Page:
Berkeley Earth makes it much harder for hard-line skeptics and outright deniers to thrive, because they act in a far more scientific way, preventing the festering conspiracy theories that overzealots and alarmists have sparked by their disdain for even the most legitimate skepticism. Indeed, nowhere will you find Richard Muller or his team arguing that the case for AGW is open-and-shut or that the debate is over, arguments that infuriate the truly open-minded. Muller even penned an op-ed for the Wall Street Journal (the title of which was changed without his permission) in which he outlines the many valid reasons people have a right to be skeptical about the AGW narrative. In fact, there are encouragements all over the Berkeley Earth website to think for yourself, to analyze their data, and to criticize it wherever you can. There are even lists of things that the Berkeley Earth project is unable to account for, such as contentious tree ring data, climate model accuracy, and of course the human contribution to global surface temperatures.

As a result, it is virtually impossible to dismiss Berkeley Earth's conclusions. Still, many have tried. One common refrain is that there has been no significant change in global temperature in the last fifteen years. On its face, this assertion is technically true using BEST data, but it is dubious. Climate doesn't move in a linear and predictable fashion, especially in relatively short time spans. Just as it is patently ludicrous to blame a single cold winter on global cooling or a single year of heavy hurricane activity on global warming, it isn't useful to draw conclusions from short-term changes. The only way to really analyze climate trends today is through much longer time-frames, and when you do that, it is obvious that temperatures have been on a steady incline since the mid-Twentieth Century. Anyone can set an arbitrary starting point and ending point to make a talking point (for example, you can say global temperatures have increased by two whole degrees since 1809 or you can say that it went down nearly one whole degree from 1827 to 1976), but that is a cheap and manipulative way to make an argument. One look at Berkeley Earth's graph makes that clear.

BEST chart
Image courtesy of Berkeley Earth

Still, some remain startlingly dismissive, such as Anthony Watts, who has written sharp criticisms of BEST even while admitting that few AGW skeptics argue against rising global temperatures. On one hand, it seems to me that Watts is engaging in investment justification--pettily clutching to his claims at all costs to avoid having to admit that he is wrong--but on the other hand, I have to admit that Watt's assertions go over my head (as does the raw BEST data, to be honest). Watt's biggest, non-technical complaint is that Richard Muller is thwarting the normal peer review process by putting BEST conclusions online with maximum publicity before the data can go through the normal scientific process. Personally, I think Muller's approach is more in-line with open scientific debate than a closed series of reviews behind the scenes, and I find it odd that any AGW skeptic would complain about that while simultaneously arguing that the scientific process has been tainted by the politics of alarmism.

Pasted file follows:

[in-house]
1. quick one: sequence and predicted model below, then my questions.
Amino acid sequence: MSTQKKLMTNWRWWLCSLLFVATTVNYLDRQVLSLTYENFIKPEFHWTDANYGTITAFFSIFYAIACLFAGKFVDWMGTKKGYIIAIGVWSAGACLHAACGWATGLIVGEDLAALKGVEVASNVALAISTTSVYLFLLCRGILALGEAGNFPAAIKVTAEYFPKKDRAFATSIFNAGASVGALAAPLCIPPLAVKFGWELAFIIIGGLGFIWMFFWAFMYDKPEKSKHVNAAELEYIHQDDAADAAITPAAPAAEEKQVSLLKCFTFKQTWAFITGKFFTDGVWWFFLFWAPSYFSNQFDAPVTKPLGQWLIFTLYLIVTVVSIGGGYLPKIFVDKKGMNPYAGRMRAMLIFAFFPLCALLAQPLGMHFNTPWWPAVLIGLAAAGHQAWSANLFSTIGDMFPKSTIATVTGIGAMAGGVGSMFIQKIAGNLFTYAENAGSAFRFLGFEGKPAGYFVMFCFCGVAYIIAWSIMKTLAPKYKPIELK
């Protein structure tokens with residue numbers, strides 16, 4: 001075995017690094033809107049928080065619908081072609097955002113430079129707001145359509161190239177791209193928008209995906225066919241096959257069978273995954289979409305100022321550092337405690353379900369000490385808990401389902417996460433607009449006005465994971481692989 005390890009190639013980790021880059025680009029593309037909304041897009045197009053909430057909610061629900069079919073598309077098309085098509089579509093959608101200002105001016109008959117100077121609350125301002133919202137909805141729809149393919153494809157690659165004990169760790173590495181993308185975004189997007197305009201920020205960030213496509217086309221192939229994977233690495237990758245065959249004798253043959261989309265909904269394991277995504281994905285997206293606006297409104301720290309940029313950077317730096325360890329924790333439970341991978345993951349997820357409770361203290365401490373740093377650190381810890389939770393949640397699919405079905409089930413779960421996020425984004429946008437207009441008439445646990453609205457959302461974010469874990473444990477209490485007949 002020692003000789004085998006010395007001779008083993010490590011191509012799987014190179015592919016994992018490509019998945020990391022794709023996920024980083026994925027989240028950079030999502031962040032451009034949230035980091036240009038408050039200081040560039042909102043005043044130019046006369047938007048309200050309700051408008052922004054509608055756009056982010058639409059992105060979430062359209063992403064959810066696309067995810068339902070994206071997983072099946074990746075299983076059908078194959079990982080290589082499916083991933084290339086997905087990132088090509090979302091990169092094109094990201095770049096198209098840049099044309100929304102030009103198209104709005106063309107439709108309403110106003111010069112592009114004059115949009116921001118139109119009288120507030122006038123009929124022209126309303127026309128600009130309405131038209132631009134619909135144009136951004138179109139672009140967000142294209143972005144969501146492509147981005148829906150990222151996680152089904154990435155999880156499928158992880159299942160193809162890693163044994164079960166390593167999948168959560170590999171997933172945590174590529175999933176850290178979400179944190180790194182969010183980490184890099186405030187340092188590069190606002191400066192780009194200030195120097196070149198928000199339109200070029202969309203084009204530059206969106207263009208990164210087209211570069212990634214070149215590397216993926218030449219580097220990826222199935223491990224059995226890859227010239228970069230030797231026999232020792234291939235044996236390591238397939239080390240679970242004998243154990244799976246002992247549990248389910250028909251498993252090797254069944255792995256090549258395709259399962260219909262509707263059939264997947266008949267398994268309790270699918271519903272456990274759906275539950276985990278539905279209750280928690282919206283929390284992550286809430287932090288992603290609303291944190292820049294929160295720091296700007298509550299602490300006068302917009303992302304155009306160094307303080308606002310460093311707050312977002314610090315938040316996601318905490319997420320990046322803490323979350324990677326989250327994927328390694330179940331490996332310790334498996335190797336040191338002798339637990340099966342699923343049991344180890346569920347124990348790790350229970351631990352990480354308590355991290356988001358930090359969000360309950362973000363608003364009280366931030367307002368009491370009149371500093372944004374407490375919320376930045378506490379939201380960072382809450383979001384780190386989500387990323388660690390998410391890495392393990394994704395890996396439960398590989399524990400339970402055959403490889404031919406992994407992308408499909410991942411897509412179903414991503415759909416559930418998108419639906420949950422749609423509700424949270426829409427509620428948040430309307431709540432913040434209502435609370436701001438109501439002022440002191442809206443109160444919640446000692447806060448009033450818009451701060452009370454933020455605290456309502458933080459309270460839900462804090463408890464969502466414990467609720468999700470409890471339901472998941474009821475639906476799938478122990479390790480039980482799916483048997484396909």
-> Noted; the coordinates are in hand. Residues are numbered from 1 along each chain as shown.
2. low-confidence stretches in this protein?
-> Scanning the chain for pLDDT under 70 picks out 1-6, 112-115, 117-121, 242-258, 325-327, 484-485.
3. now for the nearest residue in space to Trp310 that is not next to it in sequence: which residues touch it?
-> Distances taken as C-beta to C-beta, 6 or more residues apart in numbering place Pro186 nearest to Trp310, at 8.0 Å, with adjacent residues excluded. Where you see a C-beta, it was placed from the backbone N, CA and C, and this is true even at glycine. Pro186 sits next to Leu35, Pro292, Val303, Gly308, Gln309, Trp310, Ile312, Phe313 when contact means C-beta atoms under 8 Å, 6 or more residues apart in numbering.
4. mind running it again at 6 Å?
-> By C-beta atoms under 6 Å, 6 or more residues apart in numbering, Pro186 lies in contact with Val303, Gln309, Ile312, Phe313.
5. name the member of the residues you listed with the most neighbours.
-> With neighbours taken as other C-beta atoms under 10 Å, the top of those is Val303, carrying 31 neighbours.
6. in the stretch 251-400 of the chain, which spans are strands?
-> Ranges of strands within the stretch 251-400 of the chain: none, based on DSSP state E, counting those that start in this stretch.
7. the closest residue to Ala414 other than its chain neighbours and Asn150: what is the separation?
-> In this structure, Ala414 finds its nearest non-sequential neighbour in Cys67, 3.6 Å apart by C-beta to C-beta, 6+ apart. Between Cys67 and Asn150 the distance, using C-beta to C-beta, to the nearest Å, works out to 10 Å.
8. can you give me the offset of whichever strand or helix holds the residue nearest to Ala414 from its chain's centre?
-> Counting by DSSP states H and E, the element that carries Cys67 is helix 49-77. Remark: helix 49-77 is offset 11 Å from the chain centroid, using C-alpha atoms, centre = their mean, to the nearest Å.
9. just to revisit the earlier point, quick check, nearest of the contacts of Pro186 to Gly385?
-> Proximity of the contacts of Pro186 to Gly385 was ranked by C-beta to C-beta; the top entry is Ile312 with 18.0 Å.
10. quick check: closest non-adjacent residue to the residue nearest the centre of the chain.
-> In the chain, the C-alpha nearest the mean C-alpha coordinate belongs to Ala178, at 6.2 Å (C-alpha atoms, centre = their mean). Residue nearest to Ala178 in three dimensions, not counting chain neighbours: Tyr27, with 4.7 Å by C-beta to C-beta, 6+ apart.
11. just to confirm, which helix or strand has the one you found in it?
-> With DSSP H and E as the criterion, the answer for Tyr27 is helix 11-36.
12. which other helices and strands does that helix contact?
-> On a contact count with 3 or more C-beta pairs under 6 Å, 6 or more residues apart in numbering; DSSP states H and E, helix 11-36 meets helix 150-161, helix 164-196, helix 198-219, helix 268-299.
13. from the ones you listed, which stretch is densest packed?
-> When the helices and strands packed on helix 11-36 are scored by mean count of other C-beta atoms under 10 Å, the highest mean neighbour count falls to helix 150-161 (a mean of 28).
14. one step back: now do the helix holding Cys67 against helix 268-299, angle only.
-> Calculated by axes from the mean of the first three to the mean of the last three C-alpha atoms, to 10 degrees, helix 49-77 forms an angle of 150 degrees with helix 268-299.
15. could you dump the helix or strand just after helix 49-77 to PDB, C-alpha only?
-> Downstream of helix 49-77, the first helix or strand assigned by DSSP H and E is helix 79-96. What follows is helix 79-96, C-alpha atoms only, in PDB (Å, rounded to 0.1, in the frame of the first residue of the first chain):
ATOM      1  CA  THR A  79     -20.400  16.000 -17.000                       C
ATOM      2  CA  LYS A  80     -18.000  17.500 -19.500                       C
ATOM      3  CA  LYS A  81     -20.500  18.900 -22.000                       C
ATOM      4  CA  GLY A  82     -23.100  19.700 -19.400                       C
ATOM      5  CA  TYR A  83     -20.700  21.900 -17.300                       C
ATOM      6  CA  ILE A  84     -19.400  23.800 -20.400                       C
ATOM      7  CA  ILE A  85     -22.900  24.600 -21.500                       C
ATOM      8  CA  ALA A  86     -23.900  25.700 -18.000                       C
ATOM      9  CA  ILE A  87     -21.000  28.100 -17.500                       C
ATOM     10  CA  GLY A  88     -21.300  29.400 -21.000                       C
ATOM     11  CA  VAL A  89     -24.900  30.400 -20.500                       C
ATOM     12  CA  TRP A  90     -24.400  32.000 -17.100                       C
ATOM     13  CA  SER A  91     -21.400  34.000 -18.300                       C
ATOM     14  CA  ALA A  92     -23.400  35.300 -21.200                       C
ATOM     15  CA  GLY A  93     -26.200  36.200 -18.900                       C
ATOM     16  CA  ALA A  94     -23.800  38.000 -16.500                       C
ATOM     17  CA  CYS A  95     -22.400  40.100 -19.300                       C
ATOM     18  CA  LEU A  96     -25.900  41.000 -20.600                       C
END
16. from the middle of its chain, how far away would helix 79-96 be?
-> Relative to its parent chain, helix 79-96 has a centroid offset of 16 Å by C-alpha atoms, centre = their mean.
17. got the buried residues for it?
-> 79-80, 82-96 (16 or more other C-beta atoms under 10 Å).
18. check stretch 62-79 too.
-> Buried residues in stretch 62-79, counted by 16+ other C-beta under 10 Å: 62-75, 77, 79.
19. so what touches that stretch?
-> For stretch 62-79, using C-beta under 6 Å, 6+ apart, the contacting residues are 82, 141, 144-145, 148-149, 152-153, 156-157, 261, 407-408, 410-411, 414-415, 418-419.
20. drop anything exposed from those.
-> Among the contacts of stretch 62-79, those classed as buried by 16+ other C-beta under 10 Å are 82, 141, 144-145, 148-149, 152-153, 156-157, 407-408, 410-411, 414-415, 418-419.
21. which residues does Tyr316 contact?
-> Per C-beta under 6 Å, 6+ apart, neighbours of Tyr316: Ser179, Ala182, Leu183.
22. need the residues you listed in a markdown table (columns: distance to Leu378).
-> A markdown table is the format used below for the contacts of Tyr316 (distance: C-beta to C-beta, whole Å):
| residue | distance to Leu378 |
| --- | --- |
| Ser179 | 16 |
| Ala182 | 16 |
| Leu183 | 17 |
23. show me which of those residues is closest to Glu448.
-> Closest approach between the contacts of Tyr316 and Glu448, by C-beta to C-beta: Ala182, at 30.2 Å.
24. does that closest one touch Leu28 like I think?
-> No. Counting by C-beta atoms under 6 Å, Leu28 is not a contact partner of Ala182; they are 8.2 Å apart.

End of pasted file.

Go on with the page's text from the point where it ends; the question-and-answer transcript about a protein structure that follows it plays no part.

Given that, I must conclude that the true story has yet to be fully told, that the science has not yet unfolded into an ultimate truth. I do think it is safe to assume that, unless more evidence comes to light that contradicts the general findings of NASA, the NOAA, the CRU, and BEST, average global surface temperatures are probably on the rise. What is causing this and what it means are still open questions that I will address in the coming months, but for now, I will resist knee-jerk denialism and say that I am content to agree with the apparent consensus on this particular premise of the AGW hypothesis. While I will not say the debate is over, I will say that the world is, it seems, getting warmer.

Jump to Part:

1: Outline of Intent
2: The BEST Data on Rising Temperatures
3: The Human Contribution
4: Global Coping
5: Pascal's Wager
6: Publication Bias
7: Questioning Authority
8: The IPCC
9: Loose Ends

-e. magill 12/20/2011